Thus, Professor Jim Falk, a professorial fellow at the University of Melbourne and an emeritus professor at the University of Wollongong said: "Given this [the widespread concerns across the globe about the safety of storing nuclear wastes], it would be fair to characterise any government which sought to open the way to waste storage and disposal in Australia as at best 'courageous' and perhaps less politely, as 'very politically foolish.'"

Ian Lowe, former president of the Australian Conservation Council and emeritus professor at Griffith University referred to a recent report from the Australia Institute, which questions the assumptions the commissioners findings are based upon and finds that the storage of high-level radioactive waste from countries like Japan, Taiwan and South Korea would probably not be profitable.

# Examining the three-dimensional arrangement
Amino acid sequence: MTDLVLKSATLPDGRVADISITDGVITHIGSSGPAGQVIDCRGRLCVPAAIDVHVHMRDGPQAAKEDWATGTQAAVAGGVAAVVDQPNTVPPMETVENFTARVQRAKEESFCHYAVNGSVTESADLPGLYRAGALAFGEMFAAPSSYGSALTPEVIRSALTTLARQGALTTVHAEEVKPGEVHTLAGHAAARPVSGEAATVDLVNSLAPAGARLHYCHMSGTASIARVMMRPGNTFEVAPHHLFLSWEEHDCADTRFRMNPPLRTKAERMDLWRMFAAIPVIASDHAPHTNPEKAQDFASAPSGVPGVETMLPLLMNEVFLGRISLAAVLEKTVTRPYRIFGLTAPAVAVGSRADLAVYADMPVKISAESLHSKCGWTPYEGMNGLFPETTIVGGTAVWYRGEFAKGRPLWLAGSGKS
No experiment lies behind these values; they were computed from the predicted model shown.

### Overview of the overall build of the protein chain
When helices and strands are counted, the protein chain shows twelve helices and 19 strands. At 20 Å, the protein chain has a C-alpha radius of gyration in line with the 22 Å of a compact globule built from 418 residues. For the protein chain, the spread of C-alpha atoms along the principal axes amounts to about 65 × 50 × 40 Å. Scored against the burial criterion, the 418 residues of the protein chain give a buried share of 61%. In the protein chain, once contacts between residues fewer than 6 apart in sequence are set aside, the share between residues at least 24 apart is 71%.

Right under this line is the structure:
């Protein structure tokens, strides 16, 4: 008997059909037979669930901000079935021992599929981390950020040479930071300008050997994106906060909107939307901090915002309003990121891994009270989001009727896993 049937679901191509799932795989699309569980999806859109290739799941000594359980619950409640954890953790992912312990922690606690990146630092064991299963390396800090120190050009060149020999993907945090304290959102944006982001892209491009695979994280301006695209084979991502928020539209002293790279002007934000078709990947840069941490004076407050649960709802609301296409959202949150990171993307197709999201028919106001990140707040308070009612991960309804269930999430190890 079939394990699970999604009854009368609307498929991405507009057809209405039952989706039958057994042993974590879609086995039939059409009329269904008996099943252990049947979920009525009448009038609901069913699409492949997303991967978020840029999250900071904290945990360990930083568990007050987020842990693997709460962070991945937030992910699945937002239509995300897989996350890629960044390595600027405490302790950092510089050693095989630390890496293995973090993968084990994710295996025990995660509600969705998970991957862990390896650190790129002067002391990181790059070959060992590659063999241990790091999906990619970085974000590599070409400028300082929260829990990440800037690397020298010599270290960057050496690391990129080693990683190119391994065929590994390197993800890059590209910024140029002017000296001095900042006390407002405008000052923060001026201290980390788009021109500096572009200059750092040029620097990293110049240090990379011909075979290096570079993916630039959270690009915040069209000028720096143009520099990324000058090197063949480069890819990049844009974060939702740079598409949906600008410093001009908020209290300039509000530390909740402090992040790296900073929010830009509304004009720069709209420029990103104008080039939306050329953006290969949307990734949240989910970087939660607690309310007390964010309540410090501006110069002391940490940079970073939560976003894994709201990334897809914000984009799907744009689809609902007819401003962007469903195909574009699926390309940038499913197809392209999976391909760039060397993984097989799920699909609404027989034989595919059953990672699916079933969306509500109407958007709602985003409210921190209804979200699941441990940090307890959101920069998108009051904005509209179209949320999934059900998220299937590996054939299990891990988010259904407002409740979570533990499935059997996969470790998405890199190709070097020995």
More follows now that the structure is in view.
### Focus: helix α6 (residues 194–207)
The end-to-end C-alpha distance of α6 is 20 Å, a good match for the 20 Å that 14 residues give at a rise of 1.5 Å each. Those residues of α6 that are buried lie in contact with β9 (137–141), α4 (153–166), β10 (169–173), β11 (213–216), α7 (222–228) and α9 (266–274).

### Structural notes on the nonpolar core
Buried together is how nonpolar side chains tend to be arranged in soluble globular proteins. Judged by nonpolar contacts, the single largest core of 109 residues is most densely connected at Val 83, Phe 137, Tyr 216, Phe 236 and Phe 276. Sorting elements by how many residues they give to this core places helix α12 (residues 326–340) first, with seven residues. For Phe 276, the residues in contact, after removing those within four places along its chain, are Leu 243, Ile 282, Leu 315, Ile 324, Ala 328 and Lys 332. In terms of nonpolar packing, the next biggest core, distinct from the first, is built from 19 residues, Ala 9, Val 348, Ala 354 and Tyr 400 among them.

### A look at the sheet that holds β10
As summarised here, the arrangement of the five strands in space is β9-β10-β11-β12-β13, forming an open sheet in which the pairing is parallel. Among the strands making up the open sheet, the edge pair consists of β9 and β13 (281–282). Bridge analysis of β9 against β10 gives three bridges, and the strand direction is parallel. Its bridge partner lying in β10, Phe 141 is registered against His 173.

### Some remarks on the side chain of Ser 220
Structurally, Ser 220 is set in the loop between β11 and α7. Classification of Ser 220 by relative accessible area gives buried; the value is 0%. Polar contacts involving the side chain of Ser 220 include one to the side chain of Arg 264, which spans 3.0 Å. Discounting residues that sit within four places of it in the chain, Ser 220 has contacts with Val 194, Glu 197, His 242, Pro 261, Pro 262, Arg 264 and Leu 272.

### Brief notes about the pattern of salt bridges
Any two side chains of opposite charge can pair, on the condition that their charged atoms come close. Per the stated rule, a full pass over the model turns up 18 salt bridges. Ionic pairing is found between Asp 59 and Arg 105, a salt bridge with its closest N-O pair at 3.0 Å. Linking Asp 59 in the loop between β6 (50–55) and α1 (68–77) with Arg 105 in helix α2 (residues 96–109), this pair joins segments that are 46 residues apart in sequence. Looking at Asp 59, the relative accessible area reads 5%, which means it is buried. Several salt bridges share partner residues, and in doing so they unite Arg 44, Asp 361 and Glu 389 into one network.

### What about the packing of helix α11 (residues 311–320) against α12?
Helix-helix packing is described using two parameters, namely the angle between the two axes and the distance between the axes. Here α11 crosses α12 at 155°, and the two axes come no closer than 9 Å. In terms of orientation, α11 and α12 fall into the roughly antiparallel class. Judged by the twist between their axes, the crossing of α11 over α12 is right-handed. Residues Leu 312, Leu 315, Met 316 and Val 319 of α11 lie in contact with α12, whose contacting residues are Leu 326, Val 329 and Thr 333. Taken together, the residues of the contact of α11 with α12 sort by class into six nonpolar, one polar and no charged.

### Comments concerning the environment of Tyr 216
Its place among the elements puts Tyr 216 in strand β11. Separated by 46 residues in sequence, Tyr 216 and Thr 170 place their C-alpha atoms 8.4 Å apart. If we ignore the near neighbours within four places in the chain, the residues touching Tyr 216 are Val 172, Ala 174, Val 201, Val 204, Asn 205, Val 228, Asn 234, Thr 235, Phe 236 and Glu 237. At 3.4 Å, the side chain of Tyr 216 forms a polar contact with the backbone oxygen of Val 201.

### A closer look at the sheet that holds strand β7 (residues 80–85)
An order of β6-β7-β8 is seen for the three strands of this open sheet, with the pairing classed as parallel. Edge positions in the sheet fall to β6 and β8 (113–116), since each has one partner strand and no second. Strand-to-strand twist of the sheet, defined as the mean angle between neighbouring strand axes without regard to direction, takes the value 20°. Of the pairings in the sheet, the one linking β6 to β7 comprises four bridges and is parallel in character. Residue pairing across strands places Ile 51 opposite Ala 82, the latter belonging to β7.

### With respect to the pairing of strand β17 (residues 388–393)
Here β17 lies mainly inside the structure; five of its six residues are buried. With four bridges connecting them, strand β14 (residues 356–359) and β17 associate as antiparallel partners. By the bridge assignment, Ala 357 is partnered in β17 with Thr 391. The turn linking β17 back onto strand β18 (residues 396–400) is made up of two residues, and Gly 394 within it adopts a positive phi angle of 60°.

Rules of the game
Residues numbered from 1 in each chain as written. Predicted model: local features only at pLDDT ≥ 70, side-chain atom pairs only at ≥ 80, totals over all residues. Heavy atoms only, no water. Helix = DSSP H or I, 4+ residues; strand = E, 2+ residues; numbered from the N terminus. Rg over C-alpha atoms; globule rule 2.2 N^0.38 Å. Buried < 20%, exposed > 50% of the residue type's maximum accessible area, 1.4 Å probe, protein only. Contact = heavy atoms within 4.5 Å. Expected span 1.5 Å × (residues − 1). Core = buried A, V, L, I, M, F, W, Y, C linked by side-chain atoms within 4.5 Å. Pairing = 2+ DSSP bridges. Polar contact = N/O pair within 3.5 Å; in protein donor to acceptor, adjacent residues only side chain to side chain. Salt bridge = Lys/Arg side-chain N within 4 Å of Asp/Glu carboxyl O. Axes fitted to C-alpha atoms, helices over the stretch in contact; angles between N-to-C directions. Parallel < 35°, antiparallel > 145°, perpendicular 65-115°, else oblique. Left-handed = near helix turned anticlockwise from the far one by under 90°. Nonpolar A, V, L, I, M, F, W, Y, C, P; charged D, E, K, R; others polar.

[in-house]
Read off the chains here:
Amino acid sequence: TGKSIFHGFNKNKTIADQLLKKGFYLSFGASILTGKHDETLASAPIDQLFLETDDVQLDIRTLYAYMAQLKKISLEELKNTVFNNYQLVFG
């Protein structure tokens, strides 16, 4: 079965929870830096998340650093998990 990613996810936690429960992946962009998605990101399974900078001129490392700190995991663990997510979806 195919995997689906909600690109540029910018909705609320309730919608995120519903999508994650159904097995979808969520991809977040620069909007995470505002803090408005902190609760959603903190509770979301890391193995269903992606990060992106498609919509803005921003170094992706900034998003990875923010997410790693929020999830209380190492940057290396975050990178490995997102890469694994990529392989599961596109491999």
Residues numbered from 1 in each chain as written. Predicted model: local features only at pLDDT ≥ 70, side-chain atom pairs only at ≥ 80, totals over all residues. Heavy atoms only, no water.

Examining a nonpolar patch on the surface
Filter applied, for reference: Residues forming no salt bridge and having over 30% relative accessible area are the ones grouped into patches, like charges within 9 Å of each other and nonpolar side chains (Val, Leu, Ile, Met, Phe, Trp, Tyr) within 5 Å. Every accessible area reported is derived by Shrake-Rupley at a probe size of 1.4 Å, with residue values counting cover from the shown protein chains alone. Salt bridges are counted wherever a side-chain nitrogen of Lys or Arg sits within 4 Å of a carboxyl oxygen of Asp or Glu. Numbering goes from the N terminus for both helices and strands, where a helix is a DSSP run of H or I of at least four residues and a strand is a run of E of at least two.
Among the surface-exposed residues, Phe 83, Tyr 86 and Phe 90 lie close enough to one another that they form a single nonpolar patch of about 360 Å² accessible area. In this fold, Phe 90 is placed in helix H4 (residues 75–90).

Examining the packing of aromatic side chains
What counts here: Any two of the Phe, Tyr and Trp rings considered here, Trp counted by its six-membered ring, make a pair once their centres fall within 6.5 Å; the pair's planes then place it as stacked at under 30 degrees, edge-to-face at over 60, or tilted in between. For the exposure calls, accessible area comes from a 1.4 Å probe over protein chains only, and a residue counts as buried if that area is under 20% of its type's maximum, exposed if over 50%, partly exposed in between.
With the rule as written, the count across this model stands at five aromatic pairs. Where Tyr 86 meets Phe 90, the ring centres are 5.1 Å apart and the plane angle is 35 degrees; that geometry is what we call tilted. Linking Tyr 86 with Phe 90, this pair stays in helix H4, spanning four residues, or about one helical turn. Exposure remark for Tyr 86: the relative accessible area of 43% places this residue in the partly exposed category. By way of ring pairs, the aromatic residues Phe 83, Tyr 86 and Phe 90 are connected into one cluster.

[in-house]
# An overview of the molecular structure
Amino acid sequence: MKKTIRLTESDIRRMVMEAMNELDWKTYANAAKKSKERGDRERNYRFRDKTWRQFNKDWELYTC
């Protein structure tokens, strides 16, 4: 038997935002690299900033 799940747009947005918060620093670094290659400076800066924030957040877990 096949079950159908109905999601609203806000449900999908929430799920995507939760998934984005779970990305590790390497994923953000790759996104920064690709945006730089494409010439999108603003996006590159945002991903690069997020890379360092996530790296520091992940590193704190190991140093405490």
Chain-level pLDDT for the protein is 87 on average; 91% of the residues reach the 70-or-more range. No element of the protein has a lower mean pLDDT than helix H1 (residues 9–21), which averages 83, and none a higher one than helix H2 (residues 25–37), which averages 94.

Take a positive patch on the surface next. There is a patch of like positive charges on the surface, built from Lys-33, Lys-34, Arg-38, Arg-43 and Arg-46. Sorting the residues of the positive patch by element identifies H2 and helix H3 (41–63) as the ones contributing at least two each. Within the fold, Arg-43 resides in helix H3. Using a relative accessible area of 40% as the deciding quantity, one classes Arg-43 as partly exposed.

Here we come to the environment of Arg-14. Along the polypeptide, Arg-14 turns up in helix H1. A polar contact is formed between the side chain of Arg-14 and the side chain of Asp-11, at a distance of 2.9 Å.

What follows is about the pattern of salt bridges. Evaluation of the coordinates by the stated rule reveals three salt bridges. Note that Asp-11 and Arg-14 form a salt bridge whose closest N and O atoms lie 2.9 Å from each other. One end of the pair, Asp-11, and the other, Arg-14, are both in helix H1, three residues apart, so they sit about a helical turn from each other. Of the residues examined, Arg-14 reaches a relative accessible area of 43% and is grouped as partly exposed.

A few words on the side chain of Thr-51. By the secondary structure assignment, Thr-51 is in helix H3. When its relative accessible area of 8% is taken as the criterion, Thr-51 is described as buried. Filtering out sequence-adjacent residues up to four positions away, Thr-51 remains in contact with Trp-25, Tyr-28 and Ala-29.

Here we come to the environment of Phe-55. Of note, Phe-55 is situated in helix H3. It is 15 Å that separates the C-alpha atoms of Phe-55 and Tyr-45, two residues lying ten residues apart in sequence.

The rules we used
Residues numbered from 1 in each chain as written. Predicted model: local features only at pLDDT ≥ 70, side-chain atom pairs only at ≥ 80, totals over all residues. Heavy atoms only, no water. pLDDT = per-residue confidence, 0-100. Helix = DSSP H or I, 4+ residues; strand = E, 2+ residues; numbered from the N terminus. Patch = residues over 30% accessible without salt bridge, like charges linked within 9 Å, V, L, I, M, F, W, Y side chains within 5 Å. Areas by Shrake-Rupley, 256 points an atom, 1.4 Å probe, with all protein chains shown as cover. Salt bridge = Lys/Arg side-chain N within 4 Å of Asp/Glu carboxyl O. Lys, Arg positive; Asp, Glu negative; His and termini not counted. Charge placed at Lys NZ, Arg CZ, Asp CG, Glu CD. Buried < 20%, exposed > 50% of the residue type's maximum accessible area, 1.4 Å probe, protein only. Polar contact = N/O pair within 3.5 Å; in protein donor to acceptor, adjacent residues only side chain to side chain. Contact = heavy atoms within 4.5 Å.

In very much the same way, Dr Mark Diesendorf, associate professor and deputy director of UNSW's Institute of Environmental Studies refers to the Australia Institute report, saying the commissioner failed to raise points made in that report, including why nuclear countries would pay to export their waste when it may be cheaper to manage it at home. "The economic analysis justifying this scheme is a single 2016 study, most of whose assumptions are not stated in the Commission's report. The Commission discusses the alleged benefits of this scheme, while failing to acknowledge the economic risks of Australia managing high-level wastes for hundreds of thousands of years by means of unproven technologies and social institutions."